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What About this VA Program and Judge's Opinion?

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Last night and this morning, I read an interesting opinion in the Court of Federal Claims (COFC).  That opinon is Electra-Med, et al., v. U. S. and American Medical Depot, et al., No. 18-927C, October 3, 2018. It interested me because of what the Judge wrote which I added in the two quote boxes: 


We are fully sympathetic with plaintiffs’ challenge to this “procurement.” The VA appears to have thrown up its hands in its decade long effort to develop an efficient system for the procurement of high volume items by its many field hospitals using competitive or quasi-competitive methods. It frankly concedes now that using competition is too time consuming, too fraught with challenges, and too subject to inefficiencies triggered by the myriad set-asides required by Congress. Having failed abjectly in prior efforts, what it proposes here is tantamount to a wholesale outsourcing of a large portion of its management of procurement to a few private companies. And yet, we are sympathetic. And as we explain below, we are unwilling to question the agency’s assessment that anything less dramatic will jeopardize patient care. (p. 12)

The Judge found that:

  • The Contracts’ Modifications Are an End-Run Around CICA,
  • The J&A Does Not Justify the Lack of Competition at the Supply Level, and
  • The Modifications Ignore the VA’s Rule of Two Requirement.

The Judge concluded:


In this case, the VA is hamstrung by the myriad requirements and preferences layered onto the process of federal purchasing, and especially the preferences unique to the VA. The complaint here is exhibit A. Plaintiffs are correct that Congress has granted to them and bidders generally a variety of rights when it comes to selling things to the VA. It is for Congress and the voters to weigh the merits of the benefits and burdens imposed by such a labyrinth of legal and regulatory hoops and hurdles. This case presents a circumstance in which the VA could not timely clear the hurdles. The result is danger to veterans’ healthcare and increased cost to the government. The agency found a detour around the obstacles and tried to legally justify it. It could not do so, but the court is in no position to restore the status quo ante by enjoining a process aimed at protecting and improving the management of the VA’s supply chain for medical and surgical supplies. The equities do not favor the plaintiffs: the harm to the plaintiffs is somewhat speculative, while the harm to the agency is real and potentially grave. The public interest favors avoiding those harms.  (p. 21)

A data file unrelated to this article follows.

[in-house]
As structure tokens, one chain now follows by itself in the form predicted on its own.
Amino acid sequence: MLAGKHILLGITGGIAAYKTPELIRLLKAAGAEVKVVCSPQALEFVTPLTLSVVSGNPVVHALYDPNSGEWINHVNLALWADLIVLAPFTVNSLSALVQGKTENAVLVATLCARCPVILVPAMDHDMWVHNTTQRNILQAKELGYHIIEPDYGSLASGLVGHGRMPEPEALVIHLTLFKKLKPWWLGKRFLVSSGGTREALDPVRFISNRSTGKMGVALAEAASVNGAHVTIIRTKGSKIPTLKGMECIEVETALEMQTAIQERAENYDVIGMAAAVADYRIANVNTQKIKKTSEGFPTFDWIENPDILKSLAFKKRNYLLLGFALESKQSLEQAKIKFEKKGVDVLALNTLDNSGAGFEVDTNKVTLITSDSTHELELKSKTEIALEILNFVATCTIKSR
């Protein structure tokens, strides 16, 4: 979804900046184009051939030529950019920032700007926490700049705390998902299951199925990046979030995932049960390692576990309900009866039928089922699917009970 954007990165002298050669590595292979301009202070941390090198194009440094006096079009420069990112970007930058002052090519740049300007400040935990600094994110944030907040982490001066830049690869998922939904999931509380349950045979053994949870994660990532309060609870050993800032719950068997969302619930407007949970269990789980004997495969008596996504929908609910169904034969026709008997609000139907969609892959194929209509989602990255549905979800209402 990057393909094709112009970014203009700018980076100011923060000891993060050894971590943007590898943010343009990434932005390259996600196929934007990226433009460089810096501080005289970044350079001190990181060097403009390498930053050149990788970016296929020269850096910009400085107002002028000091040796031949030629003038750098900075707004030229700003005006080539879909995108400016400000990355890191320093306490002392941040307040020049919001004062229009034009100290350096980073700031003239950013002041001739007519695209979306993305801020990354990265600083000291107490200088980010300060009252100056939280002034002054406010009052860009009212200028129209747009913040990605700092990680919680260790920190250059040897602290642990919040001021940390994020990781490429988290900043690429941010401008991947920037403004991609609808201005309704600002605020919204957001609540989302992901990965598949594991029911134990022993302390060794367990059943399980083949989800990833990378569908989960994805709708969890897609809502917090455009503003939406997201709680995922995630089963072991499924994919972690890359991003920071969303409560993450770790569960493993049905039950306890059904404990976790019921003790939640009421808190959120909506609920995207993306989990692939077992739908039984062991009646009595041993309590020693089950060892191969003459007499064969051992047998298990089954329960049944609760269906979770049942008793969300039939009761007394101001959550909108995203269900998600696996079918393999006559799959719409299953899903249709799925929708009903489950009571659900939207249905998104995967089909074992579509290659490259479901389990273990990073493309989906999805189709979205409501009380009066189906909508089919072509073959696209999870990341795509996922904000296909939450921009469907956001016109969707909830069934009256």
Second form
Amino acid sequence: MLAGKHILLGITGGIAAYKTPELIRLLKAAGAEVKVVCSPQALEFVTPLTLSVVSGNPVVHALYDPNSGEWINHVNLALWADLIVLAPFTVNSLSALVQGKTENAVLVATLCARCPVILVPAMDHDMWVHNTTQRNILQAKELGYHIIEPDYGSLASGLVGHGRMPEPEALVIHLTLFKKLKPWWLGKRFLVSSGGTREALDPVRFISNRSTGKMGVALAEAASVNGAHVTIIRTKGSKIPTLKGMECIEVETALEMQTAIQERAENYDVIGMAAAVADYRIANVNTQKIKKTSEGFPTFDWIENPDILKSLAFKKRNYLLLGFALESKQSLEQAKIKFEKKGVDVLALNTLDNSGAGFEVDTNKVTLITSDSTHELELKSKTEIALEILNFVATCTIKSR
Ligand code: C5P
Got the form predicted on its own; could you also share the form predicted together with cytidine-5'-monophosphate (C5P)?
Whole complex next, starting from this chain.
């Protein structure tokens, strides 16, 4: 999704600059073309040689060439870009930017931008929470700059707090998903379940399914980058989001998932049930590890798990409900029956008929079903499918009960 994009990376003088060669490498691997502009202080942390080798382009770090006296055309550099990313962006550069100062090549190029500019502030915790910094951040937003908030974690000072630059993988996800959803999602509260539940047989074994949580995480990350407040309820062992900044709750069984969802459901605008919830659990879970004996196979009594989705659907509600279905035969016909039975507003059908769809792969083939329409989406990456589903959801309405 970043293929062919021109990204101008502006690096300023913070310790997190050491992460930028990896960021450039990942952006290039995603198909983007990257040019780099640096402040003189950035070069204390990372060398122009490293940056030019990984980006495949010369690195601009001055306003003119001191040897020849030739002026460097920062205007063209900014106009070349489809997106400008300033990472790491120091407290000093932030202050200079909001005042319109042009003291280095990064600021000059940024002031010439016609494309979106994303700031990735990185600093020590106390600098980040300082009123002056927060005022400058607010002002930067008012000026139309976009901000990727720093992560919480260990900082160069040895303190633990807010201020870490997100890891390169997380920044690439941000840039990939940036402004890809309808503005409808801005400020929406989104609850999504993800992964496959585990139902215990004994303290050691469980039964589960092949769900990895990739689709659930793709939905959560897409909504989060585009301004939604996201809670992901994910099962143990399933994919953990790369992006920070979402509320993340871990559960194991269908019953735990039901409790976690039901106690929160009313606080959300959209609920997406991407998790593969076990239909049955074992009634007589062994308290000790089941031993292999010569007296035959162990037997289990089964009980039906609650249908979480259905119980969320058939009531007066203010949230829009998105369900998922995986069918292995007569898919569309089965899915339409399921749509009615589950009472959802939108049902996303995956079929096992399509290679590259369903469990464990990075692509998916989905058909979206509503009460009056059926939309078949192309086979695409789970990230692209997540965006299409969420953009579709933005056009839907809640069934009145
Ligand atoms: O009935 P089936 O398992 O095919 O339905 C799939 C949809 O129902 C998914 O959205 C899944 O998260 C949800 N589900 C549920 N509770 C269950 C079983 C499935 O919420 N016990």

The protestors did not get an injunction.

You must read the entire opinion to get the gist of the story.  The opinion discusses how VA procured these items before it appears to have thrown up its hands.  

Most, if not all, of these issues may be specific to VA.

What do you think of the

  • VA contracting program, including its solution, mentioned in this opinion and
  • Judge's opinions.
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I think the judge probably overstepped his authority here in the name of government efficiency.  While I generally understand and admire creative attempts at improving Government efficiency, fundamentally broken processes should not be remedied by the bureaucracy or the judiciary.  The responsibility of the bureaucracy, as part of the executive branch, is to implement and follow the rules on the books.  The judiciary interprets those rules.  And although this is a principle largely ignored today, it is not the proper place for either branch to decide what laws they will follow and which they will ignore in the name of efficiency or good, practical policy.  This is Congress's responsibility to fix.  We have an incredibly outdated acquisition philosophy and process that Congress can't help itself but constantly tinker with, leading to what is now a lexicon of incomprehensible regulation.  Rather than greenlighting end-runs around the law, we need to fix the law.  

And yes, there has been much discussion regarding the lack of professionalism within the bureaucracy.  I don't disagree with that general sentiment, but keep in mind that there are an awful lot of very smart people in the Government, and, by and large, the Government is reasonably decent at allocating those resources where they are most needed.  What I'm saying here is that the VA was putting forth the best of the best to solve this problem, and they have still failed.  This is a problem much bigger than the VA itself, and it's going to take a lot more change other than making it easier to fire some SES's.  

Representative republics weren't created to be efficient.

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